Many cars were acquired by private owners and museum groups for display after their railroad careers were finished.  Nearly 200 of the original 401 were sold by B&O to private individuals or organizations.  Many of these were donations—given away by B&O for worthwhile public display.

Copyright © 2005 by Dwight Jones

This history of B&O caboose C-1902 has been compiled by B&O caboose historian Dwight Jones of Columbus, Ohio, who has spent over 30 years researching the history of B&O cabooses.  Jones is the author of several books on caboose history, has authored numerous magazine articles on the subject, and has served as a consultant to the B&O Railroad Museum in Baltimore, Maryland.



I-5 Date History By Railroad Historian Dwight Jones.
B&O Caboose C-1902
Selected Dates in the History of the Car
Compiled by
Dwight Jones


Date Event Description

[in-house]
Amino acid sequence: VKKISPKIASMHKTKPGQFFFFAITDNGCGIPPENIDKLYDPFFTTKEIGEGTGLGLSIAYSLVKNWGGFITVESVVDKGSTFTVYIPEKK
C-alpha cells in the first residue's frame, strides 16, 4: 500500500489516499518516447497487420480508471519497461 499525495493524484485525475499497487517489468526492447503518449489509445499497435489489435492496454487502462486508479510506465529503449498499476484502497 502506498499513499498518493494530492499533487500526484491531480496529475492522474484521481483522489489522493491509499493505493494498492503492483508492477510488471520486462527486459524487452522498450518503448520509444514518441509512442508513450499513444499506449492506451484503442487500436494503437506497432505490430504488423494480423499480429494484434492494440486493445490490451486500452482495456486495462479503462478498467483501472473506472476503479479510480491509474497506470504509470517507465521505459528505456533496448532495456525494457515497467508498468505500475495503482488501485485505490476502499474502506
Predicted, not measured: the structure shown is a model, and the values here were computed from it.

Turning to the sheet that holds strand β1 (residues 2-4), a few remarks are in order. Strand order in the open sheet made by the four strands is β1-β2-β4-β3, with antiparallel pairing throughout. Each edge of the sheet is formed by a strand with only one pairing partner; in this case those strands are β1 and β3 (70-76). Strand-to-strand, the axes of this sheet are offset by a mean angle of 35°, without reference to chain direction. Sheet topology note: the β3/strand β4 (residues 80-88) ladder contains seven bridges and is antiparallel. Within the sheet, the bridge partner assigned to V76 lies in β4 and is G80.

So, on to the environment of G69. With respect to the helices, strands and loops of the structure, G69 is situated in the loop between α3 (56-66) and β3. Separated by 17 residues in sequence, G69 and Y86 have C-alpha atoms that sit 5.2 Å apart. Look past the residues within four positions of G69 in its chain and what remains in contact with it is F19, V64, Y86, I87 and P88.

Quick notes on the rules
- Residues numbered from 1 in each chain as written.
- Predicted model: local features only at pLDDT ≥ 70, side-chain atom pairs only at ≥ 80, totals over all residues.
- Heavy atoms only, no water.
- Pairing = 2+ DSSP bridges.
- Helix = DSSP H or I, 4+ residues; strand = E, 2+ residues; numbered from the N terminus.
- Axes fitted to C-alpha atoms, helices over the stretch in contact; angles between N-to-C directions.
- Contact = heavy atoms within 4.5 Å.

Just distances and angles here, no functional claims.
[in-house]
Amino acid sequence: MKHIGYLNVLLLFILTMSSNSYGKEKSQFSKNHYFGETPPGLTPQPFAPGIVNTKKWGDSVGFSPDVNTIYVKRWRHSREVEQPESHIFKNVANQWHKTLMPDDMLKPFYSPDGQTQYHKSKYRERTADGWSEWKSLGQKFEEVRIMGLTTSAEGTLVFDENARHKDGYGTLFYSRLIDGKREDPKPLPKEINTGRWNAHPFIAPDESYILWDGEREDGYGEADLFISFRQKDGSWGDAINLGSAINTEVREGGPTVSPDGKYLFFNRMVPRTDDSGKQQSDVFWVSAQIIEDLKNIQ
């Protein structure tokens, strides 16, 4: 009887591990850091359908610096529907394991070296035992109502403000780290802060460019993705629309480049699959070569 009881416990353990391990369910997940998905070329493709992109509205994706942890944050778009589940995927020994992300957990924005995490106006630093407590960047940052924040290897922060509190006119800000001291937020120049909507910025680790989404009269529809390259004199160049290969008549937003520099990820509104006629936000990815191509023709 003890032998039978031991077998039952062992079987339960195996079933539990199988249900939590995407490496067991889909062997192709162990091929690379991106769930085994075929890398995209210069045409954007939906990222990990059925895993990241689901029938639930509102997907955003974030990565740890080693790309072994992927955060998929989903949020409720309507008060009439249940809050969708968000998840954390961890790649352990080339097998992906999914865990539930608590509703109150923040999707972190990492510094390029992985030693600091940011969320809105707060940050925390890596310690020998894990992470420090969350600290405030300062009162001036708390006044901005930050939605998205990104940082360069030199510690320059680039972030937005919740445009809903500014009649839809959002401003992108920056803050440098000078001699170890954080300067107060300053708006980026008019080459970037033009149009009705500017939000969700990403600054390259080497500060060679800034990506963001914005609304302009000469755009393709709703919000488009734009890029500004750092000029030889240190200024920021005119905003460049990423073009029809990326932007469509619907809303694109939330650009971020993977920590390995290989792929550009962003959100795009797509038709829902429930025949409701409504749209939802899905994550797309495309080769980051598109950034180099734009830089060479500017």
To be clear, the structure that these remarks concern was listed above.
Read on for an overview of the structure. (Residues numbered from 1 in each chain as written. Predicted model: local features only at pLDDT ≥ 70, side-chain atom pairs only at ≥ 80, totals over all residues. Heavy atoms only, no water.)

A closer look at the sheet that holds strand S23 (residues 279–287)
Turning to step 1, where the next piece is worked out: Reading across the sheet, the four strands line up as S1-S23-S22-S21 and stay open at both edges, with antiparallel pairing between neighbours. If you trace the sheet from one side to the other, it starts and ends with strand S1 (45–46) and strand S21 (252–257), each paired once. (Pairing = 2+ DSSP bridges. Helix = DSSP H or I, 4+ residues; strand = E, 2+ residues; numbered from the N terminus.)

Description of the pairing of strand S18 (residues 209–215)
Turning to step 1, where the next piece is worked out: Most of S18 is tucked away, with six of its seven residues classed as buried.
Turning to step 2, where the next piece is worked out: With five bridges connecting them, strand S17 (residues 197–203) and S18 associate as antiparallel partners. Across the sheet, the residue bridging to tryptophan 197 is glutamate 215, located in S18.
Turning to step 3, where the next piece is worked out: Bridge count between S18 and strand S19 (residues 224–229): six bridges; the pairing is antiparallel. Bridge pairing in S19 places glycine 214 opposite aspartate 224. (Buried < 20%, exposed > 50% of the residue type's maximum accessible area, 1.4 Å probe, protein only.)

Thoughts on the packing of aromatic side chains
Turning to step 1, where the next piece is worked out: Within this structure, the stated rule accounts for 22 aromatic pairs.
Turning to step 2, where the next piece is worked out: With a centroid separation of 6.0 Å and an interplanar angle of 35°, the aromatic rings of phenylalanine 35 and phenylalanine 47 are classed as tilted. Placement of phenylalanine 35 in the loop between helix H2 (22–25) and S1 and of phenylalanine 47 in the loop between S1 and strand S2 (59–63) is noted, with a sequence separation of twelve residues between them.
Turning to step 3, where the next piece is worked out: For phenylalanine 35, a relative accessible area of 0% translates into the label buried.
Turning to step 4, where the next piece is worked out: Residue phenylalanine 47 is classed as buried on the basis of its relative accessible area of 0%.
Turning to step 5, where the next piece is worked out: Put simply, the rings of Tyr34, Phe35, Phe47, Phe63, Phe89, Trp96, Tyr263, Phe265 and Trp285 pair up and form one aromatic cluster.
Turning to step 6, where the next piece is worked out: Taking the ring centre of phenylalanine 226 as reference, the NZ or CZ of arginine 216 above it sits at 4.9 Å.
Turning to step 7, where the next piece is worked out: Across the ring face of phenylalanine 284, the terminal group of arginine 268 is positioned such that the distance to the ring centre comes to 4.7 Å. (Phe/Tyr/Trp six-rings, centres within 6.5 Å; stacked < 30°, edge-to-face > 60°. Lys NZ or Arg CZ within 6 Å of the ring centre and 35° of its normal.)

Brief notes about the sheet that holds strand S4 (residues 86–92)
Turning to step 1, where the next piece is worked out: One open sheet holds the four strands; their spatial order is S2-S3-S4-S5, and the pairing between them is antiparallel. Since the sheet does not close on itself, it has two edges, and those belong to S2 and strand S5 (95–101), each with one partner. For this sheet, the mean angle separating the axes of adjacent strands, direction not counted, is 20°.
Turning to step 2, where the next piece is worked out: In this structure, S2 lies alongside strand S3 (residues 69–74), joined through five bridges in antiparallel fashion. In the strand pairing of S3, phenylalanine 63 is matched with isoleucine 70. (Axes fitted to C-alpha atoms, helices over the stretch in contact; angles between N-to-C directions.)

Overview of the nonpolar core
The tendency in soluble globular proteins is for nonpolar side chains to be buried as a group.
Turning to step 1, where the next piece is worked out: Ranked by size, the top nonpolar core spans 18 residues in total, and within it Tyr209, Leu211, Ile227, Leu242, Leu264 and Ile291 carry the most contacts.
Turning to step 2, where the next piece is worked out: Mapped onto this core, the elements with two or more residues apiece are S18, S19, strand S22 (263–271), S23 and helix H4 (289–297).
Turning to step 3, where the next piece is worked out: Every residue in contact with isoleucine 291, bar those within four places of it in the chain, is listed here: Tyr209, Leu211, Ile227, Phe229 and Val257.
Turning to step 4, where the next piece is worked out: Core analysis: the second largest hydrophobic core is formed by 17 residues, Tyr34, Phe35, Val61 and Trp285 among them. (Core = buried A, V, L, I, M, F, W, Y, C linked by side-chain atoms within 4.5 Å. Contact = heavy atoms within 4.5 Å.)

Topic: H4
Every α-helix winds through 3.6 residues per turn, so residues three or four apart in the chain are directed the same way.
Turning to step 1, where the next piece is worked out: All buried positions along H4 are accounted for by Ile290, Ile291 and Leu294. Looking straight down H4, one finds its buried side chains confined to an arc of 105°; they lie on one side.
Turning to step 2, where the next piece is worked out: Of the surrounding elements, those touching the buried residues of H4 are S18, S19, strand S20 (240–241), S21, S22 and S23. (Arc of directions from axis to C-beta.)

11-25 Built new at B&O RR Co. shops, Washington, IN
3-53 Brakes upgraded to "AB" type at B&O shops
12-11-57 Converted to class I-5D at B&O shops, Washington, IN
10-20-61 Caboose operating into Ohio on the St. Louis Division
3-1-68 "COTS" work performed at B&O shops, Chillicothe, OH
4-68 Class 1 repairs made and repainted red at Chillicothe, OH

     (after shopping, caboose sent to Newark, OH, for service)
7-1-68 "In-Date-Test" mechanical inspection, Newark, OH
11-16-69 Automatic Car Identification (ACI) plate added at B&O shops
5-70 Caboose in service at Newark, OH
9-24-71 "In-Date-Test" mechanical inspection, Chillicothe, OH
9-24-71 Trucks repacked at B&O shops, Chillicothe, OH
9-71 Class 1 repairs made; repainted to yellow scheme, Chillicothe
9-71 plywood sheathing added to car sides at Chillicothe shops

     (after shopping, caboose sent to Newark, OH, for service)
11-73 Caboose written up for "Dismantle" at Newark, OH
1-18-74 Stored in Heavy Bad Order at B&O shops, Chillicothe, OH
1-31-74 Caboose sold to Whitewater Valley RR, Connersville, IN
3-1-74 Stored in Heavy Bad Order at B&O shops, Chillicothe, OH
4-74 Caboose officially retired from service on the B&O
11-16-81 Caboose in service on the Whitewater Valley Railroad
7-18-99 Caboose Removed from Service for refurbishment  Whitewater Valley Railroad
4-14-01 Caboose under refurbishment on the Whitewater Valley RR